Archives For Drawing
I’ll be honest with you, I’m not a big fan of Marvel’s Inhumans.
I recall the Fantastic Four had a fair few encounters with them, and I remember really enjoying that excellent story when Triton popped into the Negative Zone to rescue Mr Fantastic (“Not so fantastic now, eh?” I think he uttered).
I also liked the idea of Crystal as Johnny Storm’s girlfriend. But then I’m always a fan of temporary team changes (especially when they aren’t simply about increasing sales.)
And Black Bolt’s power of talking loudly is kinda’ fun, in that he can’t even mutter under his breath without knocking out someone’s eardrums or causing a child’s Lego tower to crumble (“Now THAT was a waste of a Saturday afternoon!”). I’m sure it’s a bit of a pain for him too. I hear he likes Lego.
The fact that Maximus relies on his intellect and influence without particularly showy super powers, yet seems to be their main adversary is also intriguing.
Yeah, so like I said, I’m not a big fan.
But now there’s a telly show all about them, so I thought I’d show you some of my Inhuman doodles. And by ‘inhuman’ I don’t mean my drawing style, I mean…. oh, you know what I mean.
(For the unfamiliar this is Crystal, Maximus, Black Bolt and Medusa.)
Here are some sketches you may find interesting (no pressure). These are the rough thumbnails I drew a few years ago for the publisher I was with at the time, when presenting my cover ideas for Mockingbird: Nightmare on Another Planet.
Here’s fun – why don’t you try to find the cover I ended up using? A firm handshake and solid thumbs up for the winner!
Postscript: Feel free to tell me if you think I should’ve used one of the other options, I won’t be offended. Hey, it might even start a fascinating discussion thread (I’ve seen these on other blogs!).
Slightly more than half a marathon, more like three fifths of a marathon! But come on, where’s the excitement in setting yourself a challenge if there isn’t the real possibility that you might not make it? Which, I hold my hands up, is what happened here. My quivering sweaty body lying in the road as tears and embarrassment stain my hopes of achieving that shiny medal of success (metaphorically speaking). Okay, maybe it’s not that bad.
It started well and continued fairly steadily through the first few months, but it did quickly became apparent this was going to take longer than a year! After all, the storyline wasn’t meticously planned out in advance, other than in the vaguest way in my head, with certain images and plot points I knew would happen, then basically stringing individual panels between these narrative buoys. (That’s story writing, kids!)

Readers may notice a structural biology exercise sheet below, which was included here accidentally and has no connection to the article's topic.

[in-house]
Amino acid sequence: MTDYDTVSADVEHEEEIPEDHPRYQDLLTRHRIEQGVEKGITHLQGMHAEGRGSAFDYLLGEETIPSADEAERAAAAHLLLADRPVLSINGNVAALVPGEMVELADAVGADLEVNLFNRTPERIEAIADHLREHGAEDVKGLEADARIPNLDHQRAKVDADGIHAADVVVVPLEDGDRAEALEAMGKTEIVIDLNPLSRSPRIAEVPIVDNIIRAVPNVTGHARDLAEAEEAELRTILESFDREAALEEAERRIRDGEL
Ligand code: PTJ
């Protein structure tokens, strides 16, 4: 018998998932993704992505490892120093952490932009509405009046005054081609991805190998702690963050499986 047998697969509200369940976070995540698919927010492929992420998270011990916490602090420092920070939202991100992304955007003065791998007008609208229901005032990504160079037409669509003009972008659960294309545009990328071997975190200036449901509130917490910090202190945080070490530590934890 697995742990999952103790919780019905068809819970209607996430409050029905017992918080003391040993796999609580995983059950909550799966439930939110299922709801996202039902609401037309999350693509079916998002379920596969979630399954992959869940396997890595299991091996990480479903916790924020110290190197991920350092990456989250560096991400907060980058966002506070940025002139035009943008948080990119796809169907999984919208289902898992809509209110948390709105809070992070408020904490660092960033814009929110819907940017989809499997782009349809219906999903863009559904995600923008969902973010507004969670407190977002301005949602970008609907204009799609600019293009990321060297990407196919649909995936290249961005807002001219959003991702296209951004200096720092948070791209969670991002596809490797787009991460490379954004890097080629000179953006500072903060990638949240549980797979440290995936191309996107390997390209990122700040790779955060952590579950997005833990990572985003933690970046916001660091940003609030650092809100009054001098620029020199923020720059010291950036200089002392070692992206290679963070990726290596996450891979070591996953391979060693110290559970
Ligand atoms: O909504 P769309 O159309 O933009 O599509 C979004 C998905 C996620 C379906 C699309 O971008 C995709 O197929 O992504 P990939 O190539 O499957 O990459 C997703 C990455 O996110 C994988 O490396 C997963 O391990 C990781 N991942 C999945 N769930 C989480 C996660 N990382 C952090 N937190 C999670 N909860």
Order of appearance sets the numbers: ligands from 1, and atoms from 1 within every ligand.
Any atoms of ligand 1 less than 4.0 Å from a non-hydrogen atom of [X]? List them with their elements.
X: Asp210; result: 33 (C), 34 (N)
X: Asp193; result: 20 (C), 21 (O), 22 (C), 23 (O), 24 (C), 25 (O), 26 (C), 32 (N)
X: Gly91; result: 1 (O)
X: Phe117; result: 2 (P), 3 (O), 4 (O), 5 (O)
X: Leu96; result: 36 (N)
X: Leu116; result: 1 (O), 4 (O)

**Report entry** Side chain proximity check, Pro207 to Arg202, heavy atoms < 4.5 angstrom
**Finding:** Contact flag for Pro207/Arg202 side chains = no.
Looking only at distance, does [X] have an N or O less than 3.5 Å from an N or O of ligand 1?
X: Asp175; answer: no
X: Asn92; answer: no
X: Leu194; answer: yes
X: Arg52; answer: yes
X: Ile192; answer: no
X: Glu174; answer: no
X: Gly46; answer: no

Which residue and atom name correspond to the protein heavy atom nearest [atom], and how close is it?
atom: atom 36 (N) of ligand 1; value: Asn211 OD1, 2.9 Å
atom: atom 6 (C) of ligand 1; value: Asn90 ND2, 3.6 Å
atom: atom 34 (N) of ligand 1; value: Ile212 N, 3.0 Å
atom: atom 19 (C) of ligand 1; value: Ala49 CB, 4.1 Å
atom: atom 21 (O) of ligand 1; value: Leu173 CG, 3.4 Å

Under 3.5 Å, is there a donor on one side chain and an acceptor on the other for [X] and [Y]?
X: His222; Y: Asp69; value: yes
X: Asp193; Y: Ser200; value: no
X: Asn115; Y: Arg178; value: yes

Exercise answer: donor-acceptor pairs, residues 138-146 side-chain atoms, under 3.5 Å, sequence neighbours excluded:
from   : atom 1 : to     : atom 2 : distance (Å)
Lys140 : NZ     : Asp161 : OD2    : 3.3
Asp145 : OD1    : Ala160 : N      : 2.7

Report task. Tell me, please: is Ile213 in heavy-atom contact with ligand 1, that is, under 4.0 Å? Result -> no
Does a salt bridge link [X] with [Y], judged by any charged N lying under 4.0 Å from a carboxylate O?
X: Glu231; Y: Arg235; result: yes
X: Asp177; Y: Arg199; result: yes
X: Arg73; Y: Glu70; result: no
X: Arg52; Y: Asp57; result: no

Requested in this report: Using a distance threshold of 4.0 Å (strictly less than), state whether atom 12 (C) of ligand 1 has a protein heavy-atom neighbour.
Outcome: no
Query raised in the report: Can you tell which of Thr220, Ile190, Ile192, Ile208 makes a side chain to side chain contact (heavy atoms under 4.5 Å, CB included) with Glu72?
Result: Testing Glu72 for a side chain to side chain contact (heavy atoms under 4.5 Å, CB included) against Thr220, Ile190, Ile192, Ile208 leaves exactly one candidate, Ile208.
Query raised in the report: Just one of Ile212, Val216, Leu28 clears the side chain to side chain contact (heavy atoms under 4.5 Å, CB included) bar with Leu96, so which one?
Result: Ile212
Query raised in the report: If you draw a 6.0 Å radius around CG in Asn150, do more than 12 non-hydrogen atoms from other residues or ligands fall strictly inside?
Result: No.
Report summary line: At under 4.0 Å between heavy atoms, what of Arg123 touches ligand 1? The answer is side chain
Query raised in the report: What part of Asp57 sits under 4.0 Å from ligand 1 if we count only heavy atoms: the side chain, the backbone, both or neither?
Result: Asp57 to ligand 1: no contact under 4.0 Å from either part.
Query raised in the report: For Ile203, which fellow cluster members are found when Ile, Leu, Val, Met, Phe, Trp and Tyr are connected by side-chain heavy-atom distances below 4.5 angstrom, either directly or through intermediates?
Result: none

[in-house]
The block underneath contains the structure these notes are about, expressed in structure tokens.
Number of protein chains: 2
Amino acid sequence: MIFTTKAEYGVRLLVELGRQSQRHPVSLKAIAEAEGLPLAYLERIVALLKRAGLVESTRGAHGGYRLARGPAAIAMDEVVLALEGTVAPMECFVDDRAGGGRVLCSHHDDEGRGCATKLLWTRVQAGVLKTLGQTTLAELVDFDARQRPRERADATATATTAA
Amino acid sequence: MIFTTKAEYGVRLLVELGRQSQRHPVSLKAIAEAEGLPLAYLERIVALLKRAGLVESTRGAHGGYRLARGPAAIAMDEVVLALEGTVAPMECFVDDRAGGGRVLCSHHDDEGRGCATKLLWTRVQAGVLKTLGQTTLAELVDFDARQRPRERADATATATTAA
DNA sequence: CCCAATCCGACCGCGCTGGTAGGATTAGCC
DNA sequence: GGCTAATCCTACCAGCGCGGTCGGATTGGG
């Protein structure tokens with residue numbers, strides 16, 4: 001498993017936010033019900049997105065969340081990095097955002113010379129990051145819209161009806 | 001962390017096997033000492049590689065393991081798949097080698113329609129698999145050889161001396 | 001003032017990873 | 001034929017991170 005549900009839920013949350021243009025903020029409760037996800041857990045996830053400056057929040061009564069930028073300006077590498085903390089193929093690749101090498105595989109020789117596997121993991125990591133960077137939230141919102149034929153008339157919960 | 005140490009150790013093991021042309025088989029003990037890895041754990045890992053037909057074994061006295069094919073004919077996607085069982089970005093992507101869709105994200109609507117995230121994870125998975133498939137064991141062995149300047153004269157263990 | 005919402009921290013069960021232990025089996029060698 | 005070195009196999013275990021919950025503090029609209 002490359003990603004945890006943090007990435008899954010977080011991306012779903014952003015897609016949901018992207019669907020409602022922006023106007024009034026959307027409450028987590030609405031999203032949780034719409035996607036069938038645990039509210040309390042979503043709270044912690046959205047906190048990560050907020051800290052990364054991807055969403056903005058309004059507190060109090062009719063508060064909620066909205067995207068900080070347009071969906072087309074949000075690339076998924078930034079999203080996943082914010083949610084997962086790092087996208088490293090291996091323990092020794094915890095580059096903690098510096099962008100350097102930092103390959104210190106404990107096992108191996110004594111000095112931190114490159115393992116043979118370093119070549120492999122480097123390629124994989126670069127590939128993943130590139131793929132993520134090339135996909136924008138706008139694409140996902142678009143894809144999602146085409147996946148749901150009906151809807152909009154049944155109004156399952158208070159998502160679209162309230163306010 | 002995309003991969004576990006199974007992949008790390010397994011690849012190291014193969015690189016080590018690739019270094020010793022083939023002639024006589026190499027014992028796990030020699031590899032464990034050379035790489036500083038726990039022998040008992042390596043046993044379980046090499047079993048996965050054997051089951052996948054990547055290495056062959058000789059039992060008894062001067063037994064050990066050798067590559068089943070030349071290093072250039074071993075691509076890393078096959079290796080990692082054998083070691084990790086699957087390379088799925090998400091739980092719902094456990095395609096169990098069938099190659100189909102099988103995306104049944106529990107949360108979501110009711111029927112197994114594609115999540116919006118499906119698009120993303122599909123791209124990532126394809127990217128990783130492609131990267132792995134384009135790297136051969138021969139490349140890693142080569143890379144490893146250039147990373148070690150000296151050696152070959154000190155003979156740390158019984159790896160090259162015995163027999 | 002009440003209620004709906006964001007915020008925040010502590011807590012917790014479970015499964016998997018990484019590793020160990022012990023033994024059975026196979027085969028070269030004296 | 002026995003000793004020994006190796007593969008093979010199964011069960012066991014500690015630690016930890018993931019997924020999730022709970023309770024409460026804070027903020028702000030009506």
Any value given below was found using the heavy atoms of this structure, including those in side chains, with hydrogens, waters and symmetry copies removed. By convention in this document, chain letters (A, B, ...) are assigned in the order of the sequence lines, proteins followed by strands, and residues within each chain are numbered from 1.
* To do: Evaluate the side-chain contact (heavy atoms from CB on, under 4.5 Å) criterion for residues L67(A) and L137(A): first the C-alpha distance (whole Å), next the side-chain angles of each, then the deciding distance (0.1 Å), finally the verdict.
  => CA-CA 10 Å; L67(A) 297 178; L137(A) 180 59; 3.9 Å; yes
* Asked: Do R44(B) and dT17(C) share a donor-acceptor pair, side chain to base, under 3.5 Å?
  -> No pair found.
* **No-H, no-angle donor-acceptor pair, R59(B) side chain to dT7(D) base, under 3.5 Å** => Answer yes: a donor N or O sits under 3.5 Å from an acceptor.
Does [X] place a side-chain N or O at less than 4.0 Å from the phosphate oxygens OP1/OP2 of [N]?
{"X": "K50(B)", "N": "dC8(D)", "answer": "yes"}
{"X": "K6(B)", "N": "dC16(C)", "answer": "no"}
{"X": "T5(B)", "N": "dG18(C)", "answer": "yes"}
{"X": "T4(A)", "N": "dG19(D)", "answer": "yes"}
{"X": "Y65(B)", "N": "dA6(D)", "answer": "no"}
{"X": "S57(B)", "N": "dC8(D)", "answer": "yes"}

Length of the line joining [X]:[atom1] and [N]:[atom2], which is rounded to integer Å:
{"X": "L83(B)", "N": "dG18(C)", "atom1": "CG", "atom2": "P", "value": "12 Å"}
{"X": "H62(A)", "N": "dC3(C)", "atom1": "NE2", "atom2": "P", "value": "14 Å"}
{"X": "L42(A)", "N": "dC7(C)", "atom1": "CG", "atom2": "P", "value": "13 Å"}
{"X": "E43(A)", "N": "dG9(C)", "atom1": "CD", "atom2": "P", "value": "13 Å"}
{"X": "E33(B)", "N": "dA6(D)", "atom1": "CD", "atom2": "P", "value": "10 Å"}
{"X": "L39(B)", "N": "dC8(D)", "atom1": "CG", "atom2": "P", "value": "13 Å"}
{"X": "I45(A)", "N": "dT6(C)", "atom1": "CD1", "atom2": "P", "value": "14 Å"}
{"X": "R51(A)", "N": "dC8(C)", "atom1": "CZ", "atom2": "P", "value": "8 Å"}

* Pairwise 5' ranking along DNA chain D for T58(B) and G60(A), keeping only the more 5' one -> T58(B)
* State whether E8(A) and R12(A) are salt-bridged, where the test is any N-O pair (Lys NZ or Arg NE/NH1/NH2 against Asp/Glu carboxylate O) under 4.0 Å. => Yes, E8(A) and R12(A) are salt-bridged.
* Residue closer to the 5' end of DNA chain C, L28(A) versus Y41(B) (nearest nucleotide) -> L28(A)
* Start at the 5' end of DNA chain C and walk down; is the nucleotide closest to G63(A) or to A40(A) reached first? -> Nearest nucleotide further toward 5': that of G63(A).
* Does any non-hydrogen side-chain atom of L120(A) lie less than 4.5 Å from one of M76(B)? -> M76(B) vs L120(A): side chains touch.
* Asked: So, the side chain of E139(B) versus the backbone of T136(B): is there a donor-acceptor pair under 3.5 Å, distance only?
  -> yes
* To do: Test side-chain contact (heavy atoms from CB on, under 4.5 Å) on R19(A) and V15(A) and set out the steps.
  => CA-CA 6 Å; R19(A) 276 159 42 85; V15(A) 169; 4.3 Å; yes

I also set myself the additional challenge of using blue pencil and art pens (whereas normally I would be found sporting a regular grey-type pencil, brush and ink). But the discovery that blue leads in a retractable pencil are frustratingly fragile, liable to collapse at the merest suggestion of pressure, soon sent me back to the trusty HB. I did stick with the art pen, even though the line became noticeably thicker as the pen got older and I unconsciously veered back towards a variation of line with which I’m familiar (like a brush, y’see). You can see this if you compare some of the early panels with the later ones.
But unexpectedly there was a wonderful delight in using Instagram as a window to the world, primarily from the immediate response and interaction with those viewing my fresh sequential produce.
My illustrating experience is one of spending time crafting and sculpting a tale or doodle, with no audience participation whatsoever, even when it’s gone to print let along during the process itself! I know this can be good and bad, but in regards to this challenge the engagement was an essential flavour of the scheme. Every ‘like’ or ‘comment’ added a joyful skip in my pen work, though there is of course an addictive quality which only becomes apparent when you’ve proudly posted up the Mona Lisa and received a disappointedly muted response. My desperation for the affirmation of strangers reflected back at me by a blank comments box. Sad face.
This is when you remind yourself that actually the ‘normal way’ of drawing is to receive a ‘muted response’ EVERY TIME you’ve completed a panel because… you’re working on your own! Stop being so cloying!